By Jack Ashby, on 17 March 2017
Mongooses, ferrets, shrews, meerkats, otters, weasels and cats: These are animals that most people will be familiar with.
Planigales, ningauis, kalutas, dunnarts, mulgaras and quolls: Not so much.
Despite all being small mammals, strangely named, absurdly cute (the second set even more so than the first), objectively interesting in many ecological, behavioural and evolutionary ways, there seems to be a difference in the level of attention between these groups of animal. The latter are all Australian marsupials, and for undoubtedly complicated political, colonial and egotistical reasons embedded in the western psyche, they don’t get their fair share of the limelight*. This week’s Specimen of the Week is a tiny step in addressing that, with…
**The Preserved Eastern Quoll**
Quolls – along with everything else in the second list above – are Australasian carnivorous marsupials, belonging to the group Dasyuridae – the only slightly famous members of which are the Tasmanian devils (thanks, Warner Bros.). Despite being rather diverse in their own – there are around 70 species of dasyurid – they are often referred in terms of how they are apparently reminiscent of European species (even by Australians): most are dismissively called “marsupial mice”, even though – being carnivores or insectivores – they aren’t ecologically similar to mice at all.
Similarly quolls get called “native cats”, even though they aren’t at all cat-like: they have long slinky bodies but rather short legs – “marsupial mongoose” would be much more appropriate (in fact, the species name of the eastern quoll – Dasyurus viverrinus – means “ferret-like hairy-tailed”, which would seem to agree with that assessment). But really, there’s no need to relate them to any animal Europeans are more familiar with – as much as that is historically common practice – as they are on very distant branches of the mammal family tree and deserve recognition in their own right.
Quantity and Quollity
Being marsupials, eastern quolls embryos only spend a short period in the womb – around three weeks. They give birth to around 30 tiny “jelly-beans”, but following the arduous crawl to the pouch, only six babies can survive, as female quolls only have six teats. The pouch-young can’t share, as they have to do their growing permanently attached to the teat for around ten weeks, before being left in a den. I’ve encountered a number of quolls with large pouch-young. At the later stages of their lives in the pouch they are so big that much of their bodies hang out, and the mother has to walk on tip-toes to stop them being dragged along the ground.
Eastern quolls today are only found in Tasmania, though up until the 1960s they also lived in the southeast of mainland Australia. Sadly they were victims of introduced cats and foxes there (foxes are yet to gain a proper foothold in Tasmania, but this appears to be changing).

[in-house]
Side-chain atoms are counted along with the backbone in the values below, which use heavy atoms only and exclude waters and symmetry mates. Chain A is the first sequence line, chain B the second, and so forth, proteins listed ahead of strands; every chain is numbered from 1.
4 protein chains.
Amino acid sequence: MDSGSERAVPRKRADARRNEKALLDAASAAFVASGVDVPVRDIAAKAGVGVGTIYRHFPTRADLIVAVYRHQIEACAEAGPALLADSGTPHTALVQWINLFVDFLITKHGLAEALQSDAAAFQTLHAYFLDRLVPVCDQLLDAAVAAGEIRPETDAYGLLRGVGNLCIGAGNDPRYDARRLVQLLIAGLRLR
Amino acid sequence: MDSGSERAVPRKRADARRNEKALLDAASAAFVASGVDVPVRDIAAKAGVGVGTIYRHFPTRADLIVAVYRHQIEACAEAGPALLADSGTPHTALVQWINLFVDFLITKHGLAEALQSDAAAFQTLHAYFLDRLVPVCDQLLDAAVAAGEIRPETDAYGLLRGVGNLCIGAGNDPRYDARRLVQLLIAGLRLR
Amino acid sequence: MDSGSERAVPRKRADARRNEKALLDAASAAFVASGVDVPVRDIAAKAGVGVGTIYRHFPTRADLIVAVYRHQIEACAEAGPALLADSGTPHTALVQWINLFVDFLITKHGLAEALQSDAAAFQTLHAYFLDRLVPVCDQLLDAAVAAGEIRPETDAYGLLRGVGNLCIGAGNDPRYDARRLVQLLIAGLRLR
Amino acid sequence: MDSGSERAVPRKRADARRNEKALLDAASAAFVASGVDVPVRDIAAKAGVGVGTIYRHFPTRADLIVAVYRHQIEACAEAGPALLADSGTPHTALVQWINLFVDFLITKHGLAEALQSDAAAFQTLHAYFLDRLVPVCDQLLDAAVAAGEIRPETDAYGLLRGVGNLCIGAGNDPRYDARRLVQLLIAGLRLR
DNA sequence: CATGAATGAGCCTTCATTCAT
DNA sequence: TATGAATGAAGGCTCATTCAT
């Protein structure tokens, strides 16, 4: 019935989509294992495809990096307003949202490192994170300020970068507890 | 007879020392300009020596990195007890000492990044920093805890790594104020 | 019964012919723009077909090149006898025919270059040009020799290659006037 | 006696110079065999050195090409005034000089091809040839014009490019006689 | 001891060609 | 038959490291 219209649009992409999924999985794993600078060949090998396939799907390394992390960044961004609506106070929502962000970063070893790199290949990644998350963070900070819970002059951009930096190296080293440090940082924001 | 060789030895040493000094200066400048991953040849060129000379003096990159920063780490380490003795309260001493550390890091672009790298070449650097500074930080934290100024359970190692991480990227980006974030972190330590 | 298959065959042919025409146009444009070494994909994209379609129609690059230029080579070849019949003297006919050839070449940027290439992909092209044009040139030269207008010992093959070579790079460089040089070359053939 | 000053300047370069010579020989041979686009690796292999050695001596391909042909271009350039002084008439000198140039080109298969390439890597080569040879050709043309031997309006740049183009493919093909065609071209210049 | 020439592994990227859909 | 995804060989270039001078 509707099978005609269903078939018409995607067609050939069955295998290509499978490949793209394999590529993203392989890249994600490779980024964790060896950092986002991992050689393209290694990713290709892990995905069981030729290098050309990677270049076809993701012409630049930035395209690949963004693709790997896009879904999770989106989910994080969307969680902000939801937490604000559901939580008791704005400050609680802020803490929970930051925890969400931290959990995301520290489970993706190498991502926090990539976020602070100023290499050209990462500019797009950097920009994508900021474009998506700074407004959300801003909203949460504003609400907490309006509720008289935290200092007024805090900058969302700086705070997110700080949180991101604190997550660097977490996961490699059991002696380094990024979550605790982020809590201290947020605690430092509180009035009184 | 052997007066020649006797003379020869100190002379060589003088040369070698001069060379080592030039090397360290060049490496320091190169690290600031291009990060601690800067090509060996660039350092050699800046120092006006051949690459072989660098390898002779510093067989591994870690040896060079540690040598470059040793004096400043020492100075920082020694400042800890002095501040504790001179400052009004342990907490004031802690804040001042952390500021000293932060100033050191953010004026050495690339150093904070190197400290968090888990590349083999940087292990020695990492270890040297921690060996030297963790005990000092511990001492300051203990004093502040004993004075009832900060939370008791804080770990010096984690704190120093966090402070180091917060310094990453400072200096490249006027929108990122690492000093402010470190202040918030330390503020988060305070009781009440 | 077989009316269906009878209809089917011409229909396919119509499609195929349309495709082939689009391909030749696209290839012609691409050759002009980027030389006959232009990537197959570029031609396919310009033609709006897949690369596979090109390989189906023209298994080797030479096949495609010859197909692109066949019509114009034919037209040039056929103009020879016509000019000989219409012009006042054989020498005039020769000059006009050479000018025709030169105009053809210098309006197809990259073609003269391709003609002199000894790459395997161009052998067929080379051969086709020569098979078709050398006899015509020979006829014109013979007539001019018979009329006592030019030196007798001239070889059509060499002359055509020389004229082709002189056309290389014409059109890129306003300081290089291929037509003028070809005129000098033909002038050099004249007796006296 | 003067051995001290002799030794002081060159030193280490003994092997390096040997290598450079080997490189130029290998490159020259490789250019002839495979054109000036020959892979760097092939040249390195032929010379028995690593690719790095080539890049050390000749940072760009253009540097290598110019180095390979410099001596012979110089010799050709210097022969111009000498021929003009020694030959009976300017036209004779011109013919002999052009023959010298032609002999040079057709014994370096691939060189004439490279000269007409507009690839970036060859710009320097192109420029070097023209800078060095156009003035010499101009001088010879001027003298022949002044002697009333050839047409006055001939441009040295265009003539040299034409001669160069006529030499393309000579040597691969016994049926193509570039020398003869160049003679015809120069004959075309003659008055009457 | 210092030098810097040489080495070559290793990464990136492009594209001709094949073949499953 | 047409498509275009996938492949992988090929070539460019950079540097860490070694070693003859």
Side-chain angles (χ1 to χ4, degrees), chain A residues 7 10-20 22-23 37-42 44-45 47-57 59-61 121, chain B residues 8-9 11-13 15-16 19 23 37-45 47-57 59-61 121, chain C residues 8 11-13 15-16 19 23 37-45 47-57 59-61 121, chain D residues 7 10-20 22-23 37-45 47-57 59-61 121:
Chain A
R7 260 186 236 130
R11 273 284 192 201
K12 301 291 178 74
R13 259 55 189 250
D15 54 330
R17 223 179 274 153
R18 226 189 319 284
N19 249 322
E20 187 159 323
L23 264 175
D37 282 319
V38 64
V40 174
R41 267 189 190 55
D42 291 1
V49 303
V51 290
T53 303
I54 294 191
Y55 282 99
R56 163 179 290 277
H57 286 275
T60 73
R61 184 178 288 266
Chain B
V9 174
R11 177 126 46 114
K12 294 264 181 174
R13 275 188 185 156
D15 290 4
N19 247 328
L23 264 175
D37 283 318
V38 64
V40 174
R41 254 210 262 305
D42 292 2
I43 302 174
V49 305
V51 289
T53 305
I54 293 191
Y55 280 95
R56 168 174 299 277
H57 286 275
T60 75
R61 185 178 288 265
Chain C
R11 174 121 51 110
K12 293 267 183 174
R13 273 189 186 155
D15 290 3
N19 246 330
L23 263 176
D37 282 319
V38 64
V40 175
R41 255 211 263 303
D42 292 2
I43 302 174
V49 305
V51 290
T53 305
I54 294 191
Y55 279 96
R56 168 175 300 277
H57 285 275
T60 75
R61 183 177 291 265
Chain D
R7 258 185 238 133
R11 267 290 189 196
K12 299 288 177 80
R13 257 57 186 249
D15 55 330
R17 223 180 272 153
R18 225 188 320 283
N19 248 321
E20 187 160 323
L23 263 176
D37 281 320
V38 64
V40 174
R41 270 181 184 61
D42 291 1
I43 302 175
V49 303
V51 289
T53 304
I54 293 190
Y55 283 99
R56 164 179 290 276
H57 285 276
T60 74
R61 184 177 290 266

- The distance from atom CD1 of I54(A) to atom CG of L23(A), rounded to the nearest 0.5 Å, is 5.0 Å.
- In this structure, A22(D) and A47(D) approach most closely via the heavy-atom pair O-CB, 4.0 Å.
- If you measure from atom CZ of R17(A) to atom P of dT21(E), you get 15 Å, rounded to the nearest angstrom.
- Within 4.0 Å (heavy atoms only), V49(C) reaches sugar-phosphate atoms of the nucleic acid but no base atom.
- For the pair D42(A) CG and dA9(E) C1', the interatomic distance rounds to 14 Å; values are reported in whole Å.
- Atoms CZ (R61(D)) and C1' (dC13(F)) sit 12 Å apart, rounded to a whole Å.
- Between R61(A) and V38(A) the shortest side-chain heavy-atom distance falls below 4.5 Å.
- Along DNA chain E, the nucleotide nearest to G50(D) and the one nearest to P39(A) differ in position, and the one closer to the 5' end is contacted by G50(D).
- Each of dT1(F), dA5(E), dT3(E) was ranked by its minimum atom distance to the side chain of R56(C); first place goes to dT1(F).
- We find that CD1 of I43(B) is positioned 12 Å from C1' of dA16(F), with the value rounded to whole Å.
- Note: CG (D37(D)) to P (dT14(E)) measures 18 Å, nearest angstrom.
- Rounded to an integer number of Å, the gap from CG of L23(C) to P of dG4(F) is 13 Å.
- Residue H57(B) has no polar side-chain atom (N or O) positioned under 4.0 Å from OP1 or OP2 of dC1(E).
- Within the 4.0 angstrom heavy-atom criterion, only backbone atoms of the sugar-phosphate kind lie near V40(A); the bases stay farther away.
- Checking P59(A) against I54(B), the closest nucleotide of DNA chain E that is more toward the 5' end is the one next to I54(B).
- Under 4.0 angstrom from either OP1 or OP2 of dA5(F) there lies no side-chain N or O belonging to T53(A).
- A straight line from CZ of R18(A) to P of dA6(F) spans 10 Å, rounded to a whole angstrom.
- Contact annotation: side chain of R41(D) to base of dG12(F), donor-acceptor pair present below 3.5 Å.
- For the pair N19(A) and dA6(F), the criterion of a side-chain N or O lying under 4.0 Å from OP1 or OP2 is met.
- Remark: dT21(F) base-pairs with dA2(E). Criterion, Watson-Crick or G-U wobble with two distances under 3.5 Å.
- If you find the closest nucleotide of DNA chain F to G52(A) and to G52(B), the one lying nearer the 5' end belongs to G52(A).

Tasmania is also home to the larger (and somehow more handsome) spotted-tailed quoll, and two other quoll species live tentatively on the mainland, and a further two in New Guinea. I’ve grown very fond of this group of marsupials from my fieldwork:
— Jack Ashby (@JackDAshby) October 10, 2014
This species nocturnally hunts small mammals, birds, insects, lizards and small snakes, as well as eating soft fruit. They also are avid scavengers, and appear to benefit from living on the same island as their Tasmanian devil cousins – who cut through the tough skins of prey animals during their own feeding, making it easier for the daintier quolls to get to the flesh. Scavenging in this way can be a dangerous living: the prevalence of squashed animals on the roads tempts scavengers to feed in the middle of the highway, so quolls and devils often fall victim to passing cars.
Devil in the detail
Eastern quolls underwent a huge population decline during the first decade of the 2000s, and are showing no signs of recovery. It was assumed that this was related to the fact that Tasmanian devil populations had crashed due to Devil Facial Tumour Disease – a transmissable cancer (you can read about fieldwork I’ve undertaken related to this on previous posts). In the absence of devils, it was assumed that cats had been able to rapidly increase in number, and that predation by cats was responsible for the quoll’s demise. A recent study, however didn’t find a link between cat increases and devil decreases (though they did find that cats are becoming more nocturnal in the absence of devils, which could bring nocturnal quolls into their firing lines). Instead, it is understood that eastern quolls initially suffered from a period of sustained bad weather, but cats are now preventing the low-density quoll populations from recovering by eating their young.
*except on here the Grant Museum blog – I rarely talk about anything else.
Jack Ashby is the Manager of the Grant Museum of Zoology